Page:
Campus News

New Admissions Building Poised to Show Bowdoin at Its Best

Story posted March 19, 2001

Walk through the white columns and in the front door of the new admissions building and be dazzled. Linger in the bright, spacious reception area--surrounded by polished, restored woodwork, walls of deep red and white accents, and state-of-the-art equipment--and listen to the "oohs" and "ahs" of each new visitor. Sit in a comfortable upholstered chair near the gas fireplace in the waiting room, sunshine filtering through Palladian windows, and feel welcome and excited to be there.

As first impressions go, the Burton-Little House--home to the Admissions Office since mid-February--is a champ. This first stop for most prospective students and their families is poised to show the world the best of what Bowdoin is about.

"My staff and I are extremely grateful to Mr. Druckenmiller and the College for making it possible for us to work in what I believe is the finest admissions building in New England," says Richard Steele, vice president for admissions and student aid. "The Burton-Little House is fully accessible to prospective students and provides a wonderful first impression of Bowdoin. Its architectural beauty and historical features reinforce Bowdoin's reputation as Maine's oldest and most distinguished college, while providing visitors with state-of-the-art computer facilities."

The renovation of the former Kappa Delta Theta (originally Delta Kappa Epsilon) house by Ouellette Construction in Freeport is a thrill to behold. The original design of the Colonial Revival-style house has been meticulously retained. Woodwork throughout has been restored, from banisters and windowpanes to fireplace mantles, moldings, and window seats. At the same time, the building has been repaired and brought up to code, with repair to the foundation and installation of elevators and large, fully accessible rest rooms. Bowdoin's commitment to keeping pace with the latest technology is immediately apparent to every visitor, who will discover four public PCs wired in the reception room, one wheelchair accessible.

When it comes to admissions business at hand, the building is not only modern and functional, but comfortable and attractive. It has been furnished beautifully (made possible, in part, by the Baxter Family Memorial Fund), and boasts an original Audubon on display. The reception area, the first stop for visitors to find out about academic programs and gather for the campus tour, is stocked with Bowdoin publications, including viewbooks and catalogs, and offers plenty of other campus and event information. The presentation room off the reception area seats about 40, and is equipped with a large screen TV for slide shows, presentations by admissions officers, and film on such off-campus programs as Cape Town and the Coastal Studies Center. Two interview rooms are on the ground floor, while the second and third floors--reached by elevator or a grand staircase--are principally offices, all bright, spacious, comfortable, and functional. (If you visit the third floor, note the varied ceiling shapes enjoyed by staff in those offices.)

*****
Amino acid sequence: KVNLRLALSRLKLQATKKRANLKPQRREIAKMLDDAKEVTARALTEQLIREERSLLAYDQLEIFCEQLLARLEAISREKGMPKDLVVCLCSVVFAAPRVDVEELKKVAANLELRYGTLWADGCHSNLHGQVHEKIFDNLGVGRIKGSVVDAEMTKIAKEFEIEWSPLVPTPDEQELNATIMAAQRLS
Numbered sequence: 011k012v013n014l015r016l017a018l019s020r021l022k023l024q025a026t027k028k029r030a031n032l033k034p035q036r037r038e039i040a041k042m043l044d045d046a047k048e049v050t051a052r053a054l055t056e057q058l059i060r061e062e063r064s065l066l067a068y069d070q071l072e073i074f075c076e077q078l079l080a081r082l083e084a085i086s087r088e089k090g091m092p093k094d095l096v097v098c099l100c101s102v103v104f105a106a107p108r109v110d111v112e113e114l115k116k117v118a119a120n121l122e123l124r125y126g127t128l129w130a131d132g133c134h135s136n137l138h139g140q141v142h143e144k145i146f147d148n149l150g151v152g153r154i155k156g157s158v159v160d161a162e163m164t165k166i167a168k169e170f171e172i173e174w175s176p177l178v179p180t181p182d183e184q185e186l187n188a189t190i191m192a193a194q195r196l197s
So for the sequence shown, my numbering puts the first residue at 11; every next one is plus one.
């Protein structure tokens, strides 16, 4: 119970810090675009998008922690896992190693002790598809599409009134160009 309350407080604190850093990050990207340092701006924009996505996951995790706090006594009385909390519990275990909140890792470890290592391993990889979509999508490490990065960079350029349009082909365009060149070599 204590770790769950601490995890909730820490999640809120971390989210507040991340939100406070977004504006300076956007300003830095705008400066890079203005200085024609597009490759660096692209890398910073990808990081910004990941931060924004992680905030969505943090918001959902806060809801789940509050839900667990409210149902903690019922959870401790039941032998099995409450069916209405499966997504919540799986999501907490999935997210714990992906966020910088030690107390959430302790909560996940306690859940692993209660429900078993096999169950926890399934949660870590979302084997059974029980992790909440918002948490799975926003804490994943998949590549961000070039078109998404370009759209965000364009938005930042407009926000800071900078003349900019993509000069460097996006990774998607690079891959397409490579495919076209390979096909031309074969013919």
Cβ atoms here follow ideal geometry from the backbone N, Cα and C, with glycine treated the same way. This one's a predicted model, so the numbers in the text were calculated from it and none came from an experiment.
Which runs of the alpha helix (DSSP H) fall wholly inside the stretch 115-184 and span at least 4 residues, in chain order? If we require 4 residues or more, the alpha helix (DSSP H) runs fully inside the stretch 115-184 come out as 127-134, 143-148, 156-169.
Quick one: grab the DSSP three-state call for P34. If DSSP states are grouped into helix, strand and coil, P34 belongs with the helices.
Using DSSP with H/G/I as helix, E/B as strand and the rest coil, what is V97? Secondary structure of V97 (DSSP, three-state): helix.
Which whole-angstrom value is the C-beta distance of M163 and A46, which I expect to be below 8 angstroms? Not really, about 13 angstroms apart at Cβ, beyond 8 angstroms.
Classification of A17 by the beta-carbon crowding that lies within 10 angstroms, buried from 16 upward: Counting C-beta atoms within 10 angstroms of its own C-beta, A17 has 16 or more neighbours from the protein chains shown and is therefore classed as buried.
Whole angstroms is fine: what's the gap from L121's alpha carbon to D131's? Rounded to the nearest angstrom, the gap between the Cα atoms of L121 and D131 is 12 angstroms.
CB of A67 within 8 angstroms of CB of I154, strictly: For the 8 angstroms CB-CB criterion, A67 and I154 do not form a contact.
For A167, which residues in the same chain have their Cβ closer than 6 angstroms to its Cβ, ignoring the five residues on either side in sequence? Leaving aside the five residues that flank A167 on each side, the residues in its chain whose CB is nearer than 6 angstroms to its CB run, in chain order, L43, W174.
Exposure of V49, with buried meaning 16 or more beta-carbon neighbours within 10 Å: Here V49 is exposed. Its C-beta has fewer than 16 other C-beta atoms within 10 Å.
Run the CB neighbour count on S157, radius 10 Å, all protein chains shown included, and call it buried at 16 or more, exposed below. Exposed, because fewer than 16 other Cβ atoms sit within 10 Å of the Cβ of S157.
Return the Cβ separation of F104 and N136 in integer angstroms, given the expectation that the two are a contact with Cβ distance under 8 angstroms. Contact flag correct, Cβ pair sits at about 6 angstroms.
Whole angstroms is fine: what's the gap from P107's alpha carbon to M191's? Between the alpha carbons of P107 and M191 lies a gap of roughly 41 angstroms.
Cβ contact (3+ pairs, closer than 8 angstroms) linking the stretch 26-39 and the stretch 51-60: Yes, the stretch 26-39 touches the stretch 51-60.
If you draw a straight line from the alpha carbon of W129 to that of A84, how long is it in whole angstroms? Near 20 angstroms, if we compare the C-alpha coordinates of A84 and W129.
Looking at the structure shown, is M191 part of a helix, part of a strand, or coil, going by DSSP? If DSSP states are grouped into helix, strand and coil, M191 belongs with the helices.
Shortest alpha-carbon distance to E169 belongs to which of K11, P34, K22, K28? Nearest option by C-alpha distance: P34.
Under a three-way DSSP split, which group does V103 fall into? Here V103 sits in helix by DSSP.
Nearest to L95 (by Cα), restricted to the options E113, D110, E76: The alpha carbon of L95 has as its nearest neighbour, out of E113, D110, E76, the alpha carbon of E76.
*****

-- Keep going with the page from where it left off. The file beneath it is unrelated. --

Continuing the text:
Other amenities are particularly welcome when compared to the former Admissions Office housed in Jewett Hall. "The Burton-Little House is easy for visitors to find, offers parking and is just steps away from the main campus," Steele points out. "I love the fact that the first stop on our tours will now be the Hawthorne-Longfellow Library. What an appropriate message that sends about Bowdoin's priorities."

Originally dedicated in 1901 the Burton-Little House will be dedicated on Friday, May 11. It is being named for two alumna of Bowdoin who retained their love for and involvement with the College throughout their lives, and who were both members of the Deke fraternity, which called the house its own for nearly a century.

Harold Hitz Burton, class of 1909, led a life dedicated to public service. Elected to the Senate in 1940, and named to the U.S. Supreme Court by President Harry Truman in 1945, he had served his county in war and was awarded the Belgian Croix de Guerre and a Purple Heart. He was awarded the College's highest honor, The Bowdoin Prize, and served his alma mater through work with the Alumni Council, Alumni Fund and Board of Overseers.

George Thomas Little, class of 1877, was a lover of literature, language and nature, an author, editor, teacher, librarian and mountaineer. He left a permanent legacy to Bowdoin in the form of the College's first modern library, and he undertook the planning and supervised the building of Hubbard Hall. His involvement in the College's history extended beyond the role of his employment at the College to his service as editor of the General Catalogue and authorship of a history of the first centennial of the College.

Watch the SUN Online for information about the upcoming admissions building Open House.

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